• two categories of serif type
  • classic or old style (goudy)
  • modern (century schoolbook)
  • both Serif styles are often called Roman

San serif styles are sometimes called Gothic

Style conventions for text

  • use at most two style
    • one serif and one sans serif
    • have some rational for their use

Type form

  • case UPPER CASE
  • lower case
  • Proper Case


  • light
  • bold

Slant or italic

  • slant
  • italic

Type size

  • don’t use tos as models for sizing text
  • never use text smaller than 5 pt.
  • set up hierarchy ontext size

general rules for positioning text

  • entirely on land or entirely on water
  • align oriented text with the graticule when curvature of the graticule is


  • all disoriented text should have a slight cure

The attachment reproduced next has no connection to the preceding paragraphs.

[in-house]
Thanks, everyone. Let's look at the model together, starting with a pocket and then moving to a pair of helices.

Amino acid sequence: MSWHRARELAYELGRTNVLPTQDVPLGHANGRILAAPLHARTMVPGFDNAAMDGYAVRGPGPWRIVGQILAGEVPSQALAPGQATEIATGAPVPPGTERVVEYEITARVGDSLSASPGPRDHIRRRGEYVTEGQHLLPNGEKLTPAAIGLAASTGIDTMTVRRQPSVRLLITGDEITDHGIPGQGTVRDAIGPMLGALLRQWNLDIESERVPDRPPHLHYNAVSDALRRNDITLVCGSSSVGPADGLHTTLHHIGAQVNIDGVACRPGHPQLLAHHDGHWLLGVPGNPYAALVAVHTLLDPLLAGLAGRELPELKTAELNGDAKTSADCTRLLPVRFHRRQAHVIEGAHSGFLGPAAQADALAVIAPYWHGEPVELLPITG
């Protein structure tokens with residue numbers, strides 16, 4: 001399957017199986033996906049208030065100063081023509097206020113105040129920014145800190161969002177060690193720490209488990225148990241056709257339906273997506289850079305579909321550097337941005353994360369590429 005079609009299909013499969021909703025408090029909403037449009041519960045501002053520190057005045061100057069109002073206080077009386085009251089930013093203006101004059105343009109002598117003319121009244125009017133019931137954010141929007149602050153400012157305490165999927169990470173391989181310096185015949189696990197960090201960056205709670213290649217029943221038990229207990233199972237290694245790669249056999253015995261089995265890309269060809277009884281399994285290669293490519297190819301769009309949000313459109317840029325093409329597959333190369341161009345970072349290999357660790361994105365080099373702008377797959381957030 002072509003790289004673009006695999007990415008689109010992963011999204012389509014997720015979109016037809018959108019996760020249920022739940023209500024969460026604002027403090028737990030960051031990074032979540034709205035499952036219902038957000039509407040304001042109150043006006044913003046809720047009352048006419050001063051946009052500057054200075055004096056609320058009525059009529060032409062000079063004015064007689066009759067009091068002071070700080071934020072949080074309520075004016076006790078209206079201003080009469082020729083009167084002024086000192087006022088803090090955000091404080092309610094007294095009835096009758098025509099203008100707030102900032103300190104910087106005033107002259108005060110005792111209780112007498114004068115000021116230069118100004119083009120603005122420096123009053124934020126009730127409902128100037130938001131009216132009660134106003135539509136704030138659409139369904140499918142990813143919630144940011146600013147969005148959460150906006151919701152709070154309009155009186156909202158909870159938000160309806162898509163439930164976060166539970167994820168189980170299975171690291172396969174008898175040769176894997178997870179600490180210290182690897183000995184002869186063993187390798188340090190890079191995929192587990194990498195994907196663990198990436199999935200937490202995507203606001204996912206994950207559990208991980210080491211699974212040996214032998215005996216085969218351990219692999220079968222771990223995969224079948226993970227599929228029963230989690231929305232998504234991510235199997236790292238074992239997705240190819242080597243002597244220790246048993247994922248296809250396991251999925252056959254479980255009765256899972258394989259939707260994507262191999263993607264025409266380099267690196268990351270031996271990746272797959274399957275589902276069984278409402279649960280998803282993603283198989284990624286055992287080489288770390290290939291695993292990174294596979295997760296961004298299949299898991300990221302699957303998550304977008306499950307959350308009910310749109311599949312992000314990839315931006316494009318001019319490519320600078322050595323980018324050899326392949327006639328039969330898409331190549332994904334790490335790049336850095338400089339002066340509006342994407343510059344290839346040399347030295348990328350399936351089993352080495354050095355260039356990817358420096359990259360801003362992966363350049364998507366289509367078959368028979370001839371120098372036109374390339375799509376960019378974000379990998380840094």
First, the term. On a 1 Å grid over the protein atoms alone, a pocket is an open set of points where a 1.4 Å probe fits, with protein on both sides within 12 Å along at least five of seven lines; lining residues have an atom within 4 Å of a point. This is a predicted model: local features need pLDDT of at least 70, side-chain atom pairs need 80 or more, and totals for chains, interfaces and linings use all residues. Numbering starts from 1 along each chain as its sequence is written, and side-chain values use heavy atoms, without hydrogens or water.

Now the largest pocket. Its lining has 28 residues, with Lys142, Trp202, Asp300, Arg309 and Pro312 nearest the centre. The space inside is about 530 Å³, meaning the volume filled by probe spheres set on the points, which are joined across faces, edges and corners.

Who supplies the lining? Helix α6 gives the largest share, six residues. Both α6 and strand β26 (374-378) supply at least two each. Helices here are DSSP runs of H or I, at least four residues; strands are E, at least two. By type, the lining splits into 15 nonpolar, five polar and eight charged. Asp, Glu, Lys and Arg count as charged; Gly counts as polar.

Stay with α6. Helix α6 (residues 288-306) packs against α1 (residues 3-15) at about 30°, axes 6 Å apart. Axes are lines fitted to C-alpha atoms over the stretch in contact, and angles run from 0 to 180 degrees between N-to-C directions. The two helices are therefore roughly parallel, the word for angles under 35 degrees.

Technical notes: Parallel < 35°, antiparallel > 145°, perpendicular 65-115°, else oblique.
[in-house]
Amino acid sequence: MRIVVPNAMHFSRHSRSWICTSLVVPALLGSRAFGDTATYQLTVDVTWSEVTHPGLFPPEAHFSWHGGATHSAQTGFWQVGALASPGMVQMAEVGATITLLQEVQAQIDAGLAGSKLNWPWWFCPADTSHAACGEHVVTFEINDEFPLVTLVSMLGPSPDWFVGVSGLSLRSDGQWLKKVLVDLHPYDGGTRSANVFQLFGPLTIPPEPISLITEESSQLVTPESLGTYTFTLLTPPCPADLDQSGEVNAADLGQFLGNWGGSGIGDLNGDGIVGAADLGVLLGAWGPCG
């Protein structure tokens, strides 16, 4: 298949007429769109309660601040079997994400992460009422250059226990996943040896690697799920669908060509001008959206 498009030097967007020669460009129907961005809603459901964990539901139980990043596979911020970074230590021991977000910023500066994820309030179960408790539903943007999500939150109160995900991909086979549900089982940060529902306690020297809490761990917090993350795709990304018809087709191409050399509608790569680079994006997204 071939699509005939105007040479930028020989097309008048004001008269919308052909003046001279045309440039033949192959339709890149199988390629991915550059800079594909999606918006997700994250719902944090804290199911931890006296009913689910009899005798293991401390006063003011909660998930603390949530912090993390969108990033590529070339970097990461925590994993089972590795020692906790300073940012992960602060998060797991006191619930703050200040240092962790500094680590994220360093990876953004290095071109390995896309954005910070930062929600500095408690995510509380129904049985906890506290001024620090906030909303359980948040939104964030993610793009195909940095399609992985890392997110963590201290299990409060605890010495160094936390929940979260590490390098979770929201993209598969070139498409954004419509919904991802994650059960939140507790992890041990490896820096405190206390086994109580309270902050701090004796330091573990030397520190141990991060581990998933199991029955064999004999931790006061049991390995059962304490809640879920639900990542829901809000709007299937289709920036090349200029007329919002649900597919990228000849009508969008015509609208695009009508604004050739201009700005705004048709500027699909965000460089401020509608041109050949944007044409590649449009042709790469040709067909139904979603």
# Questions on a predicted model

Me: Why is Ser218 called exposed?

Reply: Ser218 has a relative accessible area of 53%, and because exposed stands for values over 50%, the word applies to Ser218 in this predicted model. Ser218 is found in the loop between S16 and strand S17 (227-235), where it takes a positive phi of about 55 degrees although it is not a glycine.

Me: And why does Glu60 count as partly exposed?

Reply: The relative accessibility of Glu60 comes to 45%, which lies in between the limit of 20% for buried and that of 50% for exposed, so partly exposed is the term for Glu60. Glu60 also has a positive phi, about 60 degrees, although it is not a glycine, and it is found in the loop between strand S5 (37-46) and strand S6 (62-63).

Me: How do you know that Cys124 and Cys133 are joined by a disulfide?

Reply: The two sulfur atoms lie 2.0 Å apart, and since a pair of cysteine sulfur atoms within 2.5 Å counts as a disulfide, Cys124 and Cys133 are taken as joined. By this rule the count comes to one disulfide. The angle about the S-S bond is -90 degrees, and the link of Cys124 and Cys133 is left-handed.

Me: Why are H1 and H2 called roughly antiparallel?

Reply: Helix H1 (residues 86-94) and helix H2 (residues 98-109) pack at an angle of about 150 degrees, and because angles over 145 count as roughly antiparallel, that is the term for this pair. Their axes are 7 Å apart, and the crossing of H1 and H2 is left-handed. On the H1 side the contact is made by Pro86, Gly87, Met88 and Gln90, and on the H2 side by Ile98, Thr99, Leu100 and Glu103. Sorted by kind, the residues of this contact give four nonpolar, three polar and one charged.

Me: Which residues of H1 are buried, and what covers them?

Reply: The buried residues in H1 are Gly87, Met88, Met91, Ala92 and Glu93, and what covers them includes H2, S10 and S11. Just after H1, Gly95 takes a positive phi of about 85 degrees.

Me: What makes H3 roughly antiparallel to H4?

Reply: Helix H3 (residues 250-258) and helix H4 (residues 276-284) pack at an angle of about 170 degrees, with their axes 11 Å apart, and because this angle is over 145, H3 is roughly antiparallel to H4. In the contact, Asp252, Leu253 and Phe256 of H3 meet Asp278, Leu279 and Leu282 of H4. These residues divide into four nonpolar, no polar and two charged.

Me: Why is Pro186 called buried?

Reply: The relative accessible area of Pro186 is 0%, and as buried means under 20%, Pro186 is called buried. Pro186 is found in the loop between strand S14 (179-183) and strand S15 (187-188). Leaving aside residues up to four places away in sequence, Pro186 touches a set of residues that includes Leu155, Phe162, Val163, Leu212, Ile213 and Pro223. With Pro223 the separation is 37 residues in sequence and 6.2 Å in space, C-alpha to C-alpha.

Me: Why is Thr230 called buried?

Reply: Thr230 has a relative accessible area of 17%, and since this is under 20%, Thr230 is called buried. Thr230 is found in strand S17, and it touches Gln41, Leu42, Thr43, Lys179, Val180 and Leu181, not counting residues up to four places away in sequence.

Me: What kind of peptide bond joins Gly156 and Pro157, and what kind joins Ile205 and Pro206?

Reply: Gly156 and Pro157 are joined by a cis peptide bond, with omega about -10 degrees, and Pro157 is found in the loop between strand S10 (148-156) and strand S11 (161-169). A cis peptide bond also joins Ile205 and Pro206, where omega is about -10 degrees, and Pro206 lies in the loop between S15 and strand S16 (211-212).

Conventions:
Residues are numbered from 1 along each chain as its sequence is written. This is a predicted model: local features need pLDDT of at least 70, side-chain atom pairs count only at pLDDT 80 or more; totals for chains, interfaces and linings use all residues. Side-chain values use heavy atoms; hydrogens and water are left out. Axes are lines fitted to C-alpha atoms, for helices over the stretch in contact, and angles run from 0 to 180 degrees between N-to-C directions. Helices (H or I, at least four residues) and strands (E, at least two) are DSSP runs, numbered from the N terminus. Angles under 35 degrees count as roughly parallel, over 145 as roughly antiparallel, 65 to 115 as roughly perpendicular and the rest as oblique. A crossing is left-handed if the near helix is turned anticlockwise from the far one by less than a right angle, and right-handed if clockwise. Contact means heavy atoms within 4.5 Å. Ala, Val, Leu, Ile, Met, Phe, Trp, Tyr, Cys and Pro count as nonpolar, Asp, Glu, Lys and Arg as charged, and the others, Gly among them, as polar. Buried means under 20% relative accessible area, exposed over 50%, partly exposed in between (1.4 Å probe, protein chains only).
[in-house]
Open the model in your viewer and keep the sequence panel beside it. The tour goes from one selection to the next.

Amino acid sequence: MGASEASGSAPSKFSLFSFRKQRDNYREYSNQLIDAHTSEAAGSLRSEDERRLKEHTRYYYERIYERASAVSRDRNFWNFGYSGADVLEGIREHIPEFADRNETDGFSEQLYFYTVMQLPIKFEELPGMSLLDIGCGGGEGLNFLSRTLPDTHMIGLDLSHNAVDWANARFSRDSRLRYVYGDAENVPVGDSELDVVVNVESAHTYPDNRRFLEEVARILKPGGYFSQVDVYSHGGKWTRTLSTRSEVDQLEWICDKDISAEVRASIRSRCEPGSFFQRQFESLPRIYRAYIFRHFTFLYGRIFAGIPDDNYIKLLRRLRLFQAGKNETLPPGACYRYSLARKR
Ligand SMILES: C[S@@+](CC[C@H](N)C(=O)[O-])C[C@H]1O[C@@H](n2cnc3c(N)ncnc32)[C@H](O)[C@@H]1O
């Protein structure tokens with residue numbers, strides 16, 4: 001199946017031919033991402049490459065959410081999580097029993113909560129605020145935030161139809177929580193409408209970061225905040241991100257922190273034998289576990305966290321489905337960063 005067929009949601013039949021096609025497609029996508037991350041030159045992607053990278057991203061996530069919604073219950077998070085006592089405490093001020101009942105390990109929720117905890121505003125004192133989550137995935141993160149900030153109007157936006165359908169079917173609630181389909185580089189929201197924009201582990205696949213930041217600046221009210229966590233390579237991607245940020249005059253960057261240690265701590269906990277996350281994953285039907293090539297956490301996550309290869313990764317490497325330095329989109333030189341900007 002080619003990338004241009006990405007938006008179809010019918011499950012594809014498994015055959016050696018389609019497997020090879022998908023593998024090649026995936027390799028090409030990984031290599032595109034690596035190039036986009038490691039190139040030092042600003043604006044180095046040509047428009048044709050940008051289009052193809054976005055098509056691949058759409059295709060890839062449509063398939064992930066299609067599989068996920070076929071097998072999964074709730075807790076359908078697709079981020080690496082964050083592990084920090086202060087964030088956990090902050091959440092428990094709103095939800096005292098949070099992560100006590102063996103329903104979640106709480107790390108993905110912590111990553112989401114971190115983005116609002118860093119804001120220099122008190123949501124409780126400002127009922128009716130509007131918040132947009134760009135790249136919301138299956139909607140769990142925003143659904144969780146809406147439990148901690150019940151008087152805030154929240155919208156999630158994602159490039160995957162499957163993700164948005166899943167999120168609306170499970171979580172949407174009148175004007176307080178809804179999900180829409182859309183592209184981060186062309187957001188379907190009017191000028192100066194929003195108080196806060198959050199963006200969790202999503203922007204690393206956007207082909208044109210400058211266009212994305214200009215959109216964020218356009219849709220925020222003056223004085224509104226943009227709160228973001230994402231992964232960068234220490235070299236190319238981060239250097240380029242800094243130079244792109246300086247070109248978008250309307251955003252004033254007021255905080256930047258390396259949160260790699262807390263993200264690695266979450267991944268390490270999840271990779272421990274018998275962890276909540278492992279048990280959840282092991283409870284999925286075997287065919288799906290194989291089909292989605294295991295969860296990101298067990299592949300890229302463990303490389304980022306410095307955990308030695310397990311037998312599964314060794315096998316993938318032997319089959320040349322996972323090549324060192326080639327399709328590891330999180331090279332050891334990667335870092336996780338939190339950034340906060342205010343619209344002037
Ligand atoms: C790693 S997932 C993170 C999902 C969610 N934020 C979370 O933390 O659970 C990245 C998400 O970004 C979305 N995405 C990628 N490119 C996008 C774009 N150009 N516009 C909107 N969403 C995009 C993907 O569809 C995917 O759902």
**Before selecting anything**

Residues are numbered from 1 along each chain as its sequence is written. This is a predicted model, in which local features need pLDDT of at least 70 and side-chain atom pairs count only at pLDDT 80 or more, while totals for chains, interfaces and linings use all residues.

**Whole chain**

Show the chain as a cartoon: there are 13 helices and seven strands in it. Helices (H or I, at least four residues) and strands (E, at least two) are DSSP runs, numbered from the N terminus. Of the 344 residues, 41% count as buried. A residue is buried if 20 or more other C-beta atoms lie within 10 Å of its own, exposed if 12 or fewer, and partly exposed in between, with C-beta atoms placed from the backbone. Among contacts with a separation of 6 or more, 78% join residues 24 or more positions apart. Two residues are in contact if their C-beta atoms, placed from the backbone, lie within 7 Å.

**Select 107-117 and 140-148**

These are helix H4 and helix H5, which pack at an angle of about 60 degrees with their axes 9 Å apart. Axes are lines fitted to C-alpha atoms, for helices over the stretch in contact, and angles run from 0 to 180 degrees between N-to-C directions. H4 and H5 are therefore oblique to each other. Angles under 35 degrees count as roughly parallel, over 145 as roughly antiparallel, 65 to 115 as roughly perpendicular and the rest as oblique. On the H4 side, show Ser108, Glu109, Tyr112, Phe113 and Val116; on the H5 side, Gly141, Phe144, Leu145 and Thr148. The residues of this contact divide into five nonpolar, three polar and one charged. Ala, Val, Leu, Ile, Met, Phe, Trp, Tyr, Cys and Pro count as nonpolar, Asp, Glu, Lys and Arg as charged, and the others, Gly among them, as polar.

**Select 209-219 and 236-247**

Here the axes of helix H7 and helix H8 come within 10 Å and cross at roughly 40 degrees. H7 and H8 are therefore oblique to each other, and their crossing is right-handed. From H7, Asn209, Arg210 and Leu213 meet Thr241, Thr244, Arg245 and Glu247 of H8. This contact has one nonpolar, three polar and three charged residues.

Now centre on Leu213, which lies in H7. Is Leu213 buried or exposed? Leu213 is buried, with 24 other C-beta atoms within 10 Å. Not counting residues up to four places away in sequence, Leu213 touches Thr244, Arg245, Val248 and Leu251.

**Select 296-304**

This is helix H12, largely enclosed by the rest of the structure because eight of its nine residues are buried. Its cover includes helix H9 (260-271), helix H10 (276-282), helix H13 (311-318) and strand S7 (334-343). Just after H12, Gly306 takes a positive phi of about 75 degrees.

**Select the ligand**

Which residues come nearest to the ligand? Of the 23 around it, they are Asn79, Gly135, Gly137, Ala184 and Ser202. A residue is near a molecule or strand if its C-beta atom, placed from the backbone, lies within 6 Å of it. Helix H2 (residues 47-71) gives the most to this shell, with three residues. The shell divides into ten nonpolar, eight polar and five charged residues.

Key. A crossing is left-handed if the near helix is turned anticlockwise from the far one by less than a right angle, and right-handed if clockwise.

• when text is disoriented and widely spaced use all capital letters
  • interrupt lines and patterns for type
  • never let text flip upside down

Labelng points

  • lower left jstification (words to upper right(
  • second choice – upper left
  • third choice
 2 1
 4 3

Labeling lines

  • label above line when possible
  • read as horizontally as possible
  • don’t space pars of nammes too widel
  • avoid complex curves

Because maps are abstract representations of the world they are not neutral documents and must be carefully interpreted.


  • David Buisseret, ed., ”Monarchs, Ministers and Maps: The Emergence of Cartography as a Tool of Government in Early Modern Europe.” Chicago: University of Chicago Press, 1992, [ISBN 0226079872]
  • Mark Monmorier, How to Lie with Maps, [ISBN 0226534219]

See Also


Mapping mountains from space with GOCE

GeoBriefs: Embedding Google Maps, GIS Career Profile, Mexico Wins the Geography Bee